During World War II, more than 500 former TFI students enlisted or were drafted into the military. After the war, many of these young men returned to the school to complete their education. The need for married students housing became an immediate necessity. In 1946, fifteen cottages and ten mobile homes, which had been declared surplus by the government, were purchased and moved to the campus to provide housing for married G.I.s, who were enrolling in record numbers. The terraces where these cottages were built were called "Memorial Terrace." However, the name was soon changed to "G.I. Hill." In the early 1900s, the first buildings.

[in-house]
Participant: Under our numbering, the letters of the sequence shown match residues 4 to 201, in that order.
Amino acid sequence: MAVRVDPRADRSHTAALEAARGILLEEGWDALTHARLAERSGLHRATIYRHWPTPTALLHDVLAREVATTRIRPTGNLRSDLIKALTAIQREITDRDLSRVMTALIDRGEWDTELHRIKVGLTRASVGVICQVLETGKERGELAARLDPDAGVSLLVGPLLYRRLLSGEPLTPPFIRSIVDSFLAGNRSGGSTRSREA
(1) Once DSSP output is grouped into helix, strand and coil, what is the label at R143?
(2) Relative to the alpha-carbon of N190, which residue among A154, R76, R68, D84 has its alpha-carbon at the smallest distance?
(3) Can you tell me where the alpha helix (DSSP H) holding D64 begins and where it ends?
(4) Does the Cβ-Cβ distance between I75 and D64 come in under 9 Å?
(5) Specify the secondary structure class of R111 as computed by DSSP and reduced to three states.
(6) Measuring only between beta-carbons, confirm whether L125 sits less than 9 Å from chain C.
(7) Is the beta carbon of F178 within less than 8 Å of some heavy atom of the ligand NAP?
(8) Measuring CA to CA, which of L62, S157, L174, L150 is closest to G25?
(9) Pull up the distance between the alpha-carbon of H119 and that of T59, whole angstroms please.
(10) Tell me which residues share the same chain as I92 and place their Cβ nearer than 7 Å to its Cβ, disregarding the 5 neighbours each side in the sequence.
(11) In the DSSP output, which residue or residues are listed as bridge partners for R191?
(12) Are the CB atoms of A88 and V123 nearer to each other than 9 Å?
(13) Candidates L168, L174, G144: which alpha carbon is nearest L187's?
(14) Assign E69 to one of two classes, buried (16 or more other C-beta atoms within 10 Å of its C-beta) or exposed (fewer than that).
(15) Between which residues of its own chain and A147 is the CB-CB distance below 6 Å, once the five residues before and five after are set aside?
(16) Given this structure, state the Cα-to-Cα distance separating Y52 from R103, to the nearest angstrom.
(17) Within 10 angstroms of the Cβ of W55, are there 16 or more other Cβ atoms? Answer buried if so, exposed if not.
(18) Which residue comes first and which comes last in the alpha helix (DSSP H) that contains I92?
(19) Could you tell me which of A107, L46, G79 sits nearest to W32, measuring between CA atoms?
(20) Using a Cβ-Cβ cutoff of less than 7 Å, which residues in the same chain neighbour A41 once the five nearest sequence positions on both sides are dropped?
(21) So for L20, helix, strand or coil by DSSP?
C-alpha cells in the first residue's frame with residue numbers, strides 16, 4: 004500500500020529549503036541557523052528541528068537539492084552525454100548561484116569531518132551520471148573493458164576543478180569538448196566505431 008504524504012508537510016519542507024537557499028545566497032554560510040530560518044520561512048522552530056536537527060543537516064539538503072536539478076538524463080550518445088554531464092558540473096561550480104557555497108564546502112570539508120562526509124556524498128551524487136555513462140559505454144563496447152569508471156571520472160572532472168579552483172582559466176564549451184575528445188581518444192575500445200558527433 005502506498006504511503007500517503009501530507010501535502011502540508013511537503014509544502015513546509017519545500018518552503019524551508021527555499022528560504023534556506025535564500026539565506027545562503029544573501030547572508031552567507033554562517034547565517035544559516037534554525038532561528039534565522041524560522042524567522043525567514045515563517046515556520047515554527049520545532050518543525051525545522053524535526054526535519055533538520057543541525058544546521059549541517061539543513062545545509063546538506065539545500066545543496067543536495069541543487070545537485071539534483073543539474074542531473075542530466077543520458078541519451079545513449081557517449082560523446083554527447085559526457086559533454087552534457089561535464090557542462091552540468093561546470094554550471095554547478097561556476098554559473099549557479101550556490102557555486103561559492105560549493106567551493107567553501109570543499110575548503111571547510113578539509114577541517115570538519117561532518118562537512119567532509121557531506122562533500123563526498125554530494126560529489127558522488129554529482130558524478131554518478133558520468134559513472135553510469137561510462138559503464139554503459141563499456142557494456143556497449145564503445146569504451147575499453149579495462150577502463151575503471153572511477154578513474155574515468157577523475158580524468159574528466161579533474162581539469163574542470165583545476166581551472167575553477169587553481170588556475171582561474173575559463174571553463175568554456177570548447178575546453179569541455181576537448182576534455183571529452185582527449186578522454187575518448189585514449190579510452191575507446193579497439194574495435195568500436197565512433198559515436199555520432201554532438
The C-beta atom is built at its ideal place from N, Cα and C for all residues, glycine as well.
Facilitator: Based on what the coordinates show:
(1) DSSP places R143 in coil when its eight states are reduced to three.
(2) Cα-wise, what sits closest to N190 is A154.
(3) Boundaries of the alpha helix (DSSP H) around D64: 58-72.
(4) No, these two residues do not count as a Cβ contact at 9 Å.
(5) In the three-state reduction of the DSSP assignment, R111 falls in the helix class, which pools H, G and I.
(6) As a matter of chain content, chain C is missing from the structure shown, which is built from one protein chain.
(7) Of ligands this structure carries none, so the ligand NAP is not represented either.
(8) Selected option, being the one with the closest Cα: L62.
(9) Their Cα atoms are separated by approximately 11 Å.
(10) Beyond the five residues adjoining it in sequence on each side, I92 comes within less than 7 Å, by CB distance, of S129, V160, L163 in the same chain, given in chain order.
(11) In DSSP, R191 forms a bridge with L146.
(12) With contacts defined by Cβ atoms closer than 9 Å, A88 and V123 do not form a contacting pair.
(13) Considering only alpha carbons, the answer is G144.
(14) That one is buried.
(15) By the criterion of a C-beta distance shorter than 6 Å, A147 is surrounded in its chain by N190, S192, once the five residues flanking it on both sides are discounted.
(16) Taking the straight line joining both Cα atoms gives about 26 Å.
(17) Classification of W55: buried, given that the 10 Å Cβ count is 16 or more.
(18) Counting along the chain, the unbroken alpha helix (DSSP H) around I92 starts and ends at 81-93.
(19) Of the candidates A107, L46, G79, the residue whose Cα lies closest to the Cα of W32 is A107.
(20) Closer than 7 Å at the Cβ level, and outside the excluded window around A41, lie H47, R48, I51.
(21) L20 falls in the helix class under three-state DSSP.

In 1938, with the influx of students due to the N.Y.A. (National Youth Administration) program on campus, 60 male students were living in tents until dormitory space could be provided. In 1939, R.G. LeTourneau, who owned the LeTourneau plant in Toccoa, provided the solution by donating five steel dormitories to the Institute. Each building housed 24 students and a staff supervisor. By the early 1950s the building were remodeled to provide larger dorm rooms. Up until the 1990s they housed classrooms, the post office, archives, and Christian Service offices.
This historical marker is placed in honor of the Centennial Celebration 1907-2007. Donated in loving memory of Mr. and Mrs. Robert K. Gregory, Sr., by children and family.